The Amazonian city of Altamira played host to one of the more uneven contests in recent Brazilian history this week, as a colourful alliance of indigenous leaders gathered to take on the might of the state power corporation and stop the construction of an immense hydroelectric dam on a tributary of the Amazon.
At stake are plans to flood large areas of rainforest to make way for the huge Belo Monte hydroelectric dam on the Xingu river. The government is pushing the project as a sustainable energy solution, but critics complain the environmental and social costs are too high.
For people living beside the river, the dam will bring an end to their way of life. Thousands of homes will be submerged and changes in the local ecology will wipe out the livelihoods of many more, killing their main food sources and destroying their raw materials.
For the 10,000 tribal indians of the Xingu, whose lives have changed little since the arrival of Europeans five centuries ago, this will be a devastating blow.
"This is the second time we are fighting this battle," says Chief Bocaire, a young leader of the Kayapo, one of more than 600 Indians from 35 ethnic groups who gathered in record numbers in Altamira. The Indians had travelled hundreds of miles to get there in an area with hardly any roads. The roads that do exist are mostly dirt tracks, impassable in bad weather and difficult and dangerous at the best of times. For most it has been an odyssey of several weeks, travelling in small boats to reach the roads.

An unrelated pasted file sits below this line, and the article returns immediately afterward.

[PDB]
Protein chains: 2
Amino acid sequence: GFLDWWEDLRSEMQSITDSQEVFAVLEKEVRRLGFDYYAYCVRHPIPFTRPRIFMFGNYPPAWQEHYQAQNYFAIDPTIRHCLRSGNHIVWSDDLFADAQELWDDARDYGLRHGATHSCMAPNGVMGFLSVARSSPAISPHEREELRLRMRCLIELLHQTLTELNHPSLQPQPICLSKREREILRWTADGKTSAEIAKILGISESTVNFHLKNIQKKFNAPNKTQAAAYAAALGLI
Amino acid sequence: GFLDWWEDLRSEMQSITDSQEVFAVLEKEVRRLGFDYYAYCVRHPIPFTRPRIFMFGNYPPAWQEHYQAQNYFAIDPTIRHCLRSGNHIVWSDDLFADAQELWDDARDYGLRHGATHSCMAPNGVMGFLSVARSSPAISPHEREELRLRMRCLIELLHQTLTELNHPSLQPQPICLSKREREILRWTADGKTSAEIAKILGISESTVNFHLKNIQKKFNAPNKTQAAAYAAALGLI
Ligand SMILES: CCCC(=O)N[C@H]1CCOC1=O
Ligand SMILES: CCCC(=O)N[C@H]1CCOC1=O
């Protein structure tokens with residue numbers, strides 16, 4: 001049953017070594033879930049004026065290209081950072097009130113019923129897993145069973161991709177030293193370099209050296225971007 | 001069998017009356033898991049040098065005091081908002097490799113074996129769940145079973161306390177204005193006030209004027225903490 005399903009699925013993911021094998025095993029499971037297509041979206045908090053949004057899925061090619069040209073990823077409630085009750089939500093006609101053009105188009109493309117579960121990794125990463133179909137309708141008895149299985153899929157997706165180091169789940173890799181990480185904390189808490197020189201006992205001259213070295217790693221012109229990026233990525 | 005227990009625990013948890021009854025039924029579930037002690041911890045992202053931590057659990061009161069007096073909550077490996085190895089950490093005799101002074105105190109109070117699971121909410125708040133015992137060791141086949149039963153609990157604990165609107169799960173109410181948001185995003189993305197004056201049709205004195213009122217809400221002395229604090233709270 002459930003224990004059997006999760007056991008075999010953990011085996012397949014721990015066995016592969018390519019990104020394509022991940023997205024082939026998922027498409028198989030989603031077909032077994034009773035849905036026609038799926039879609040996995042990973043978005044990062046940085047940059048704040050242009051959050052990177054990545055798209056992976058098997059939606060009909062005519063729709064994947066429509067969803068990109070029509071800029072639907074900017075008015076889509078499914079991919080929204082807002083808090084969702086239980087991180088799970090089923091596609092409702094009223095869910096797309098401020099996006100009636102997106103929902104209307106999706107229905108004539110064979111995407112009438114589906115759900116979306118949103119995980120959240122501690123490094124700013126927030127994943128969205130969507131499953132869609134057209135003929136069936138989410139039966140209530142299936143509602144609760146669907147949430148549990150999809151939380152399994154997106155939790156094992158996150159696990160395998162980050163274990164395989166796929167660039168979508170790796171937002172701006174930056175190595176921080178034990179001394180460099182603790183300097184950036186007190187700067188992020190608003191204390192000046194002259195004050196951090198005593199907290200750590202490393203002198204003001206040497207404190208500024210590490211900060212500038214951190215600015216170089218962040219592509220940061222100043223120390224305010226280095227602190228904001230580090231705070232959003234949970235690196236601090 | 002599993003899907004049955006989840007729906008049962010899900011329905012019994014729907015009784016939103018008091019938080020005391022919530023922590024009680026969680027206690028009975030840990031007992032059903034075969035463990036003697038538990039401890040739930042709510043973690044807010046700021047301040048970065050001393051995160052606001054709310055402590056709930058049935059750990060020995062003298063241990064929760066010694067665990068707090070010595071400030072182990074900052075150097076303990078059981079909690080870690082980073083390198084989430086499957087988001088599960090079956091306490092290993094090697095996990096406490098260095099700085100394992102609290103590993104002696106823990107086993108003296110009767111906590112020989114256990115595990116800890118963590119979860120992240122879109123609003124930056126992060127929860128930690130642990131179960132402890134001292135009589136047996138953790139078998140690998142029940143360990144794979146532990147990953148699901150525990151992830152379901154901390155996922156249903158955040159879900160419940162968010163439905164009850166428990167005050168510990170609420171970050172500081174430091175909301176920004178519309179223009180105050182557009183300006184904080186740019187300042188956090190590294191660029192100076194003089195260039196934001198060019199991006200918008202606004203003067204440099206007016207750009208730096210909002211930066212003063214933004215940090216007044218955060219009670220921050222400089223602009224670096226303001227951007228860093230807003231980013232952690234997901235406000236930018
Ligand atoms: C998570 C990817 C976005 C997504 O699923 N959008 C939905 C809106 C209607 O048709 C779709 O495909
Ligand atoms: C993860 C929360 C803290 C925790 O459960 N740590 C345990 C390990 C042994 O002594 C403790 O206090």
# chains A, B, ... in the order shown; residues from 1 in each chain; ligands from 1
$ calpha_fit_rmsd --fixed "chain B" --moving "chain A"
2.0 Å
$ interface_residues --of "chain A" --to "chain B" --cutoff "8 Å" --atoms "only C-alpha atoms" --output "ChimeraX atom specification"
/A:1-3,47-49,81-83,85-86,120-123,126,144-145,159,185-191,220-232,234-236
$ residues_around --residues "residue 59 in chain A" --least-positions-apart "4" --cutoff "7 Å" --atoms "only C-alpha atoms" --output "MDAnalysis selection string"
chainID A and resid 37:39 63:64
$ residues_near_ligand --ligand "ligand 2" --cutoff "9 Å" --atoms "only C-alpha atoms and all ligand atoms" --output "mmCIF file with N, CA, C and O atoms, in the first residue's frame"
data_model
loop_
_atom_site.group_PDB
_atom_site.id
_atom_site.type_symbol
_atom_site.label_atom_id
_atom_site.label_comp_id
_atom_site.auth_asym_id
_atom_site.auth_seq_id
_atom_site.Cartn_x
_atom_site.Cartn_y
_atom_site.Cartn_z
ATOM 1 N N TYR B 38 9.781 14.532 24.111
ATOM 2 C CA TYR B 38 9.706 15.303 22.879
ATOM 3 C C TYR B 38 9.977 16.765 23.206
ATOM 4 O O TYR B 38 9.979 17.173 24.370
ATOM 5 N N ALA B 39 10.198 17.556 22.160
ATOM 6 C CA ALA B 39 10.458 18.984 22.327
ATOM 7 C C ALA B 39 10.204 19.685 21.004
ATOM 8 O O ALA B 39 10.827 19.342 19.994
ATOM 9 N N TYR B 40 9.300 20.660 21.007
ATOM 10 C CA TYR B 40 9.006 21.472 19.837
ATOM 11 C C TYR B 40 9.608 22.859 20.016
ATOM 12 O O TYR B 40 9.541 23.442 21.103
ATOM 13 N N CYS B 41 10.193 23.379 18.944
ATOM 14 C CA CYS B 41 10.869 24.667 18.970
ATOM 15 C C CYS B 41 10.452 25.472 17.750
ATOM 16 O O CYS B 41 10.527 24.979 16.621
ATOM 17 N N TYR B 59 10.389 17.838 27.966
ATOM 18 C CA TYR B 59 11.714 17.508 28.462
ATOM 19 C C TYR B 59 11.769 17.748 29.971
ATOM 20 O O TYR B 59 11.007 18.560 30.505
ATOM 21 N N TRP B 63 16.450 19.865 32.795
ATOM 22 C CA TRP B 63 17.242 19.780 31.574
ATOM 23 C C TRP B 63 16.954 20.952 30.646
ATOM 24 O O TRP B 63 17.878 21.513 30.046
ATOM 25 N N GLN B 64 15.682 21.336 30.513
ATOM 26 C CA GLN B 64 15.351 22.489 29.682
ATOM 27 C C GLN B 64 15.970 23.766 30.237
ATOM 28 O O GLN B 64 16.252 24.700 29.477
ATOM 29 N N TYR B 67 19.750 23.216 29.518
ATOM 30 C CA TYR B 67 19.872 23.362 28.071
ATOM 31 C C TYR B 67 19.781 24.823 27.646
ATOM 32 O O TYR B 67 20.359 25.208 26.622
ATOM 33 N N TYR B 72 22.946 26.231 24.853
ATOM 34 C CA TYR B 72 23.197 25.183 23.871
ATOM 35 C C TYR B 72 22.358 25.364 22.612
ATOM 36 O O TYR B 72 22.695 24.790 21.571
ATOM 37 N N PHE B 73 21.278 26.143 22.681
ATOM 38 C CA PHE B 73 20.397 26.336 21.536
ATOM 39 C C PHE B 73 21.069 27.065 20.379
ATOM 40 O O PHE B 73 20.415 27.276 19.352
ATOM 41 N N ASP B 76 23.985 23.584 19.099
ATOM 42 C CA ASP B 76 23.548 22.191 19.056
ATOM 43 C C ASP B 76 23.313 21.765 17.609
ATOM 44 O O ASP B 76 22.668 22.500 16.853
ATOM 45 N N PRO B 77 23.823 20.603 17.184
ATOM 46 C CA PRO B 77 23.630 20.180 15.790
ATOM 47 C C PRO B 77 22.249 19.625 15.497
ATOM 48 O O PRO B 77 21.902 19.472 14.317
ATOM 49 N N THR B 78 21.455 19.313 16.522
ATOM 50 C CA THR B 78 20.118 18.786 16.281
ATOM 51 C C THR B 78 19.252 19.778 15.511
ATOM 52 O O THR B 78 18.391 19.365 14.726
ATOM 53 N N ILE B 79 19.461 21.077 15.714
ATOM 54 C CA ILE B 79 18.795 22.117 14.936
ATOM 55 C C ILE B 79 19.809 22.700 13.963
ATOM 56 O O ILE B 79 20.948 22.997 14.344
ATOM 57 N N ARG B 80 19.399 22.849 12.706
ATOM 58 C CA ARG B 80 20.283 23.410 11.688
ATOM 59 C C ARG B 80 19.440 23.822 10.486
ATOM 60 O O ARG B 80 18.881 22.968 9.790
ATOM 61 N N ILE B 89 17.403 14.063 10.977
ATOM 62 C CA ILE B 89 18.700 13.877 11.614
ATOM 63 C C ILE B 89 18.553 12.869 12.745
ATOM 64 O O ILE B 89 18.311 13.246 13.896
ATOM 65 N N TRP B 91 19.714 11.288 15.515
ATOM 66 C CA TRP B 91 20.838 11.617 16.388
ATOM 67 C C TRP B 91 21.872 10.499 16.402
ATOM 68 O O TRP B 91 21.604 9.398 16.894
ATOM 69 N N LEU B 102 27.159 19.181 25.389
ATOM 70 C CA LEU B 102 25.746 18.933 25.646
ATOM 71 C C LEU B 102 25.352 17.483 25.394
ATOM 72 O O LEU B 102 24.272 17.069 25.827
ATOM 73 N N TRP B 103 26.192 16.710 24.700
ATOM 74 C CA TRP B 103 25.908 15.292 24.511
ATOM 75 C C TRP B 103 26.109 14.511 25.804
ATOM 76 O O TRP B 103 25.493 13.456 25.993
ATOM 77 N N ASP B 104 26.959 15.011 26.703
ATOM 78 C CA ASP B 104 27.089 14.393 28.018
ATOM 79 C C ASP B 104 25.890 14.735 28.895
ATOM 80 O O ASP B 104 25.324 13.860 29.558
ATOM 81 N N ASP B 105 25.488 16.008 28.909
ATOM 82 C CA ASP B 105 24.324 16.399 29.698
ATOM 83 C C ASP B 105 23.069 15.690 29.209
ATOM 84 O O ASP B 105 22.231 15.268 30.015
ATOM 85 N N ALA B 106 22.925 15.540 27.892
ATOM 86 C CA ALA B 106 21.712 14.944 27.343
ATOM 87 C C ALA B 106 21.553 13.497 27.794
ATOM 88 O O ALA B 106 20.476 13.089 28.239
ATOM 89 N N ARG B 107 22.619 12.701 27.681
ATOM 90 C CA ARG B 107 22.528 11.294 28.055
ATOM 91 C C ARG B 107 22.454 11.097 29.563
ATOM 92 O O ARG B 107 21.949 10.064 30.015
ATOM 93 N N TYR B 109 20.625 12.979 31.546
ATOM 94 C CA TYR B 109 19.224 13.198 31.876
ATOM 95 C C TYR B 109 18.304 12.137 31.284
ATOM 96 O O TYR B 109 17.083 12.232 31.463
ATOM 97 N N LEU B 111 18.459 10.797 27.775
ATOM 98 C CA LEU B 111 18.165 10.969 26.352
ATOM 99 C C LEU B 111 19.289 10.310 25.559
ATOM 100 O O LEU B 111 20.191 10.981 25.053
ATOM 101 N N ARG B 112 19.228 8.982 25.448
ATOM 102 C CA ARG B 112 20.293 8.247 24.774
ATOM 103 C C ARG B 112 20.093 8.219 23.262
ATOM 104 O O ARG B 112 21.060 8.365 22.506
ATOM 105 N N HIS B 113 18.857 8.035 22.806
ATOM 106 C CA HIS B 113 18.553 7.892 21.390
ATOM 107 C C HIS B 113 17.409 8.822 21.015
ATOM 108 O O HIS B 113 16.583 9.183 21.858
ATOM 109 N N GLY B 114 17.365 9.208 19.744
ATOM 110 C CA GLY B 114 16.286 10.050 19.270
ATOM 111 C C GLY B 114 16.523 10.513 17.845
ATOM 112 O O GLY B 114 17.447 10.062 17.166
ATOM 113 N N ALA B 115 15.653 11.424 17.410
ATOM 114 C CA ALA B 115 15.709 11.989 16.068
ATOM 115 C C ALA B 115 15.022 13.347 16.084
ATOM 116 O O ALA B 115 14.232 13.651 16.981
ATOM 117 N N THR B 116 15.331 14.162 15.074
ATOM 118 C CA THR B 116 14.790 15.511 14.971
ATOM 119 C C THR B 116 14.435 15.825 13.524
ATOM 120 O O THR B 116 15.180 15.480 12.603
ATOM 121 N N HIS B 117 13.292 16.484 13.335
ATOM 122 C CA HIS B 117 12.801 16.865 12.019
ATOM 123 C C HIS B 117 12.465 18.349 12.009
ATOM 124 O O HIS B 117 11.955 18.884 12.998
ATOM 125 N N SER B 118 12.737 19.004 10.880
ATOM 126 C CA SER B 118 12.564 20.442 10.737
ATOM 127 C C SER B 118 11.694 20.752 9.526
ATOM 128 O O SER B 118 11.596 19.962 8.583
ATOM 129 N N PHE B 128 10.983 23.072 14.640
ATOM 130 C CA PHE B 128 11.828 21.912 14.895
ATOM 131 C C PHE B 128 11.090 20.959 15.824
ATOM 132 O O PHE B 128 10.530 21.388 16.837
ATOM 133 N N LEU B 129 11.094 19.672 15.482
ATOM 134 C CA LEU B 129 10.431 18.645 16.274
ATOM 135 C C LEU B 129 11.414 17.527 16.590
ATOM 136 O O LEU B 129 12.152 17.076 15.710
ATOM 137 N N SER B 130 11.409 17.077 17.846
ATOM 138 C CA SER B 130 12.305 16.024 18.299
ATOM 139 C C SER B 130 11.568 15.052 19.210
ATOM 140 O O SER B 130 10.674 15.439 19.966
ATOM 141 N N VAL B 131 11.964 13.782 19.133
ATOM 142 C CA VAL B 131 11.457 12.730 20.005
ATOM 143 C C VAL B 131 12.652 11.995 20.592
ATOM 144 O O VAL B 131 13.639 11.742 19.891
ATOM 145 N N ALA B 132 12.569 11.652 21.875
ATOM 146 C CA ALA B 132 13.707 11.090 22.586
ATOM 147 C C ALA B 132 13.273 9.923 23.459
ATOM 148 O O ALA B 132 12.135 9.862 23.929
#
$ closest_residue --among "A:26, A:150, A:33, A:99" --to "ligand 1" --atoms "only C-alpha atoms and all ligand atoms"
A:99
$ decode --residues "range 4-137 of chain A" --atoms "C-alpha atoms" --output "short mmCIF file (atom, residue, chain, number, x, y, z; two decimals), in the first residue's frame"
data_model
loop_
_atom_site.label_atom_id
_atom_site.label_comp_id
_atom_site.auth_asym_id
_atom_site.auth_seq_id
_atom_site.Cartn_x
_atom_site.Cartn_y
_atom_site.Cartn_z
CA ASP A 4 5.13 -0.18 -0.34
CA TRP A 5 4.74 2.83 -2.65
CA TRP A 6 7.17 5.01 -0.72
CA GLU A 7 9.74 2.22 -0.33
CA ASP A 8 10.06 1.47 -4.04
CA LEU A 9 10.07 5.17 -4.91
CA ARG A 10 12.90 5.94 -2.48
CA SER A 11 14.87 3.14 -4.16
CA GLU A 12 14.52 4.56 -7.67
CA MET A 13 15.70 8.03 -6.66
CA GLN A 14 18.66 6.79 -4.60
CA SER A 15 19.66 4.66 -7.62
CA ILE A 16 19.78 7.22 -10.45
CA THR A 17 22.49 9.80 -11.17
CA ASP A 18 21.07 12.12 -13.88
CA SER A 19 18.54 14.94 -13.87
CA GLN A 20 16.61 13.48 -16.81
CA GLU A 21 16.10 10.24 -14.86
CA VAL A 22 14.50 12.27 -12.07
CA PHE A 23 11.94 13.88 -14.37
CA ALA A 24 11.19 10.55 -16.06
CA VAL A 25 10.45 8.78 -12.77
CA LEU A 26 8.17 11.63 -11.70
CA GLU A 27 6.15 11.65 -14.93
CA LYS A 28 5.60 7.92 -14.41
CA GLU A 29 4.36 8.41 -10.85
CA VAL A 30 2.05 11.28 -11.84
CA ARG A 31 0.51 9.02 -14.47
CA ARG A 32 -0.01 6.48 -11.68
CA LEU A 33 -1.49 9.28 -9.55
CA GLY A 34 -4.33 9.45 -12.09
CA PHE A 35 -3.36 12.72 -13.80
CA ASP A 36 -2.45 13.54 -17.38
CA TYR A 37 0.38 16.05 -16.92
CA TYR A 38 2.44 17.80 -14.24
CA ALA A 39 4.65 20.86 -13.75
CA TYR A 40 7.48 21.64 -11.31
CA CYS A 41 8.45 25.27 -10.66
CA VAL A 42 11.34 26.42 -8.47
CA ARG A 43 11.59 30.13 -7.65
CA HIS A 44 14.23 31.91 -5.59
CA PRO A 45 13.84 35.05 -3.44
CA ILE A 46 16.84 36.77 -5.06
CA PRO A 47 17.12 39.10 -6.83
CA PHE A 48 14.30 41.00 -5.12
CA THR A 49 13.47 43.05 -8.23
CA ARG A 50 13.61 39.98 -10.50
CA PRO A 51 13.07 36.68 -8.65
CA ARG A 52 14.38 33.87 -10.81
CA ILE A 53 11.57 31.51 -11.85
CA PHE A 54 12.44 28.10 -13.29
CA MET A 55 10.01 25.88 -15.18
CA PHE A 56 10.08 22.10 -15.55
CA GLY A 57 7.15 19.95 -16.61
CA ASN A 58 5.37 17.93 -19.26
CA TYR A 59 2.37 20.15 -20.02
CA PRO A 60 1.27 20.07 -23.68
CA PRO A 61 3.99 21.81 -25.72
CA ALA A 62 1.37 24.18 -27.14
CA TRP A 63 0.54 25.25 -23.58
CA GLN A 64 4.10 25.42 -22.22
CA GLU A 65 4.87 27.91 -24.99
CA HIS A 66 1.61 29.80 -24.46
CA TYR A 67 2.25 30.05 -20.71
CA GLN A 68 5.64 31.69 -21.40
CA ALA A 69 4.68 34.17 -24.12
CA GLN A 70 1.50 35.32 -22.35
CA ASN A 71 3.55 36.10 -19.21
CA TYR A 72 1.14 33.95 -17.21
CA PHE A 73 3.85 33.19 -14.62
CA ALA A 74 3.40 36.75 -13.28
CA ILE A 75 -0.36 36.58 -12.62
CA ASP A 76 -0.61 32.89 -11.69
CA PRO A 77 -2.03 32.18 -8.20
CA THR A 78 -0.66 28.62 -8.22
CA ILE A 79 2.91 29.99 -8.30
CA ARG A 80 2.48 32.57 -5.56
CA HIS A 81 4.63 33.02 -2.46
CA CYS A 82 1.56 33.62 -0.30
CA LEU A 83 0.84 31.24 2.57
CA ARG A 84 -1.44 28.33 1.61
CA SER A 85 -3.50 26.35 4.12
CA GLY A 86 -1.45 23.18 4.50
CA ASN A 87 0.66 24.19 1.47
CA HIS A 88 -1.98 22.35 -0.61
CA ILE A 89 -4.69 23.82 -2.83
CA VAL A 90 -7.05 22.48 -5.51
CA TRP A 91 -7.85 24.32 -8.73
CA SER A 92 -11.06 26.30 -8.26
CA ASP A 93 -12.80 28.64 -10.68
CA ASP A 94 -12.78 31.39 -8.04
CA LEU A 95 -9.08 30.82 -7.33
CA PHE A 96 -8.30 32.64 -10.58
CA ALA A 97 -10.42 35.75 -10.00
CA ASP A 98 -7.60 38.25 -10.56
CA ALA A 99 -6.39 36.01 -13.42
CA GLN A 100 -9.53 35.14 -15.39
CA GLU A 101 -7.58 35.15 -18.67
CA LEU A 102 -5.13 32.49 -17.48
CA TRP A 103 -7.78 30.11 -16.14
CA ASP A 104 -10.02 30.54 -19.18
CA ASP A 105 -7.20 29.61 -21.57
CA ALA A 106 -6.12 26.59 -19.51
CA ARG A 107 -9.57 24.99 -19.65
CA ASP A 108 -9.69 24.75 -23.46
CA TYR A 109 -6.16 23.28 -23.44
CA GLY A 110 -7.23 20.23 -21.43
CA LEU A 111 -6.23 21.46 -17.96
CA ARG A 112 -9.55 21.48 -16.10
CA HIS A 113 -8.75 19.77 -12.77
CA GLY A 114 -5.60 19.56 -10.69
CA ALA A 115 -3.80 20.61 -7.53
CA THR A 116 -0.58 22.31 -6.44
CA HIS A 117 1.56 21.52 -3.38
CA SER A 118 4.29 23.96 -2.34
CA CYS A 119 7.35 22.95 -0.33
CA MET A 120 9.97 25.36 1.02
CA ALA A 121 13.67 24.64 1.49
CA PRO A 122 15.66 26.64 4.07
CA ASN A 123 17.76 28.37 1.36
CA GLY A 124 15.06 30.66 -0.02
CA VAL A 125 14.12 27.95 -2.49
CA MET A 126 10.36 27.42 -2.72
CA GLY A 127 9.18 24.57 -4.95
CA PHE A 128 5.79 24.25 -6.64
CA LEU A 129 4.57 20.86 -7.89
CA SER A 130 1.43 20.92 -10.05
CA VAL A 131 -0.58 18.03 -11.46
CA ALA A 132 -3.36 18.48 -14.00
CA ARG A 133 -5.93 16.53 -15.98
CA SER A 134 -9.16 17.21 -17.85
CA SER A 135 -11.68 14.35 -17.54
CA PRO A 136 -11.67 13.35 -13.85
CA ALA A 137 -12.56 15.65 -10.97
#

"In 1989, our parents defeated a similar proposal with the help of the international media. Now it is back. But we are ready to fight again. This time we speak their language, and we are more determined than ever," says Chief Bocaire.
With so much at stake, tensions spilled over into violence this week when an engineer from the power company Eletrobras was caught up in a melee with Indians wielding machetes. Paulo Fernando Rezende had his shirt ripped from him and was left with a deep cut to his shoulder.
Nineteen years ago, the Indians called on the support of the rock star Sting and the late Body Shop founder Anita Roddick. Pictures of the pair alongside Chief Raoni, with his lower lip distended by a traditional lip plate, sent their message to the outside world.
The reservoir will flood up to 6,140 square kilometres (2,371 square miles). Scientists say it will cause a dramatic increase in greenhouse-gas emissions. from the decomposition of organic matter in the stagnant water of the reservoir.
"Hydroelectric dams have severe social impacts," Philip Fearnside, one of the world's leading rainforest scientists explains, "including flooding the lands of indigenous peoples, displacing non-indigenous residents and destroying fisheries."
Dr Fearnside said the project helps aluminium plants looking to cash in on exports but does little for local needs, and in fact increases the health risks to local populations, including malaria.
For three months in the dry season, the flow of the Xingu reduces to a trickle and the dam's turbines will stop working, unable to maintain the supply of power and necessitating the use of inefficient fossil-fuel power stations.
Last November, Chief Bocaire delivered a letter to President Luis Inacio Lula da Silva. Signed by 78 leaders, the letter demanded that all dam be halted.
But Glenn Switkes, of International Rivers, says: "The Lula government and its political allies are closing ranks to ensure it goes ahead no matter what the cost. The construction cost could be more than £5bn, and Belo Monte will not be feasible without building other dams upstream to regulate the flow of the Xingu - and that means facing off with the Kayapo."
© 2008 The Independent